Ordinary people, extraordinary times

The theme of Holocaust Memorial Day this year is ordinary people. Words have power and their meaning changes with context – and in the context of the Holocaust the word ordinary is one that brings conflicted emotions. Those killed were indeed ordinary people who happened to be different, Jewish, gay, Roma, disabled, trade unionists and political dissenters. Many of those that killed them probably started as ordinary people who believed the propaganda that inspired hate and murder. Those that intervened to save them were ordinary people with an incredible value set that demanded in many cases that they risked their lives to save people that they barely knew.

In the run up to Holocaust Memorial Day I had the privilege of hearing the testimony of Janine Webber, a Holocaust survivor who lost huge swathes of her family. There is nothing quite so stark and shocking as hearing first-hand the stories of those people who were confronted with the ultimate evil. Janine survived the ghetto and was hidden and betrayed several times, eventually finding sanctuary in a convent and then with an elderly Polish family. She was saved by ordinary people and betrayed by ordinary people and before this happened to her she was an ordinary little girl in Poland. But in the course of four years she lost her parents, her brother and all of her extended family – the only other surviving members of her family were her aunt and an uncle. Her story will stay with me – and everyone else who heard her testimony – for as long as we live.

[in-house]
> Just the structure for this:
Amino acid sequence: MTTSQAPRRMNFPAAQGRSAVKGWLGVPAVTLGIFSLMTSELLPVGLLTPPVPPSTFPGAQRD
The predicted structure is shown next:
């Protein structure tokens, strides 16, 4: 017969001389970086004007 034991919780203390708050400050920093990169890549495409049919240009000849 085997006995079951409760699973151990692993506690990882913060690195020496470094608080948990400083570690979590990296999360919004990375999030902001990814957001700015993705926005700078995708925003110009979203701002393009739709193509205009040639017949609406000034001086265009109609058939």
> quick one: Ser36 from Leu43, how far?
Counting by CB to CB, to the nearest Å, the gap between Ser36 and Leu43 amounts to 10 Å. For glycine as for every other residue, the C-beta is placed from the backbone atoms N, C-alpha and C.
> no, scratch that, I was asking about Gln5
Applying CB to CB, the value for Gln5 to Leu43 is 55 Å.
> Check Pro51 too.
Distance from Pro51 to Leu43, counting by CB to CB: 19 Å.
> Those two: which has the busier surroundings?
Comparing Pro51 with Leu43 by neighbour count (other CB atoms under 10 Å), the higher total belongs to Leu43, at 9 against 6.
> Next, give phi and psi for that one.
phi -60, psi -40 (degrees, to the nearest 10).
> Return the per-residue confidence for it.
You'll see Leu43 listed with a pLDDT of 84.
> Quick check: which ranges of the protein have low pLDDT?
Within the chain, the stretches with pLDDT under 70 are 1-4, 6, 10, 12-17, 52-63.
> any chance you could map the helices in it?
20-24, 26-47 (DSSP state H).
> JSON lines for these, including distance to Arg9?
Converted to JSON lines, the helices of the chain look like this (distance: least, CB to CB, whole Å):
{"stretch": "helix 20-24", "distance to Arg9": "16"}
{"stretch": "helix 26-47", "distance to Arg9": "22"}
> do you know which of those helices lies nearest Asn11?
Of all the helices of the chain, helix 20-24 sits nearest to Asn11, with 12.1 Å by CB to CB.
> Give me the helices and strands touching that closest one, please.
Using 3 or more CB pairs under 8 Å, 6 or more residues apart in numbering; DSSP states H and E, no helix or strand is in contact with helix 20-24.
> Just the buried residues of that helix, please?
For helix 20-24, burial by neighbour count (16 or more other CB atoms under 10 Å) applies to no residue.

The question that has stuck with me since I had the privilege of listening to Janine, is what happens when she is sadly no longer with us. When the survivors are no longer with us to challenge those people who seek to deny or distort the facts of the Holocaust? The onus is on all of us to tell their stories and to shine a light on the lies and misinformation spouted by political extremists who seek to use one of the worst chapters in human history as a political football.

Last week the British House of Lords held its first debate to mark Holocaust Memorial Day. As a new member of the Lords, it was my privilege and responsibility to contribute to the debate. You can read my speech here.

Speaking about such an important topic in a national legislature is not something that anyone would or should take lightly, it was politics at its best – informed, considered and heartfelt.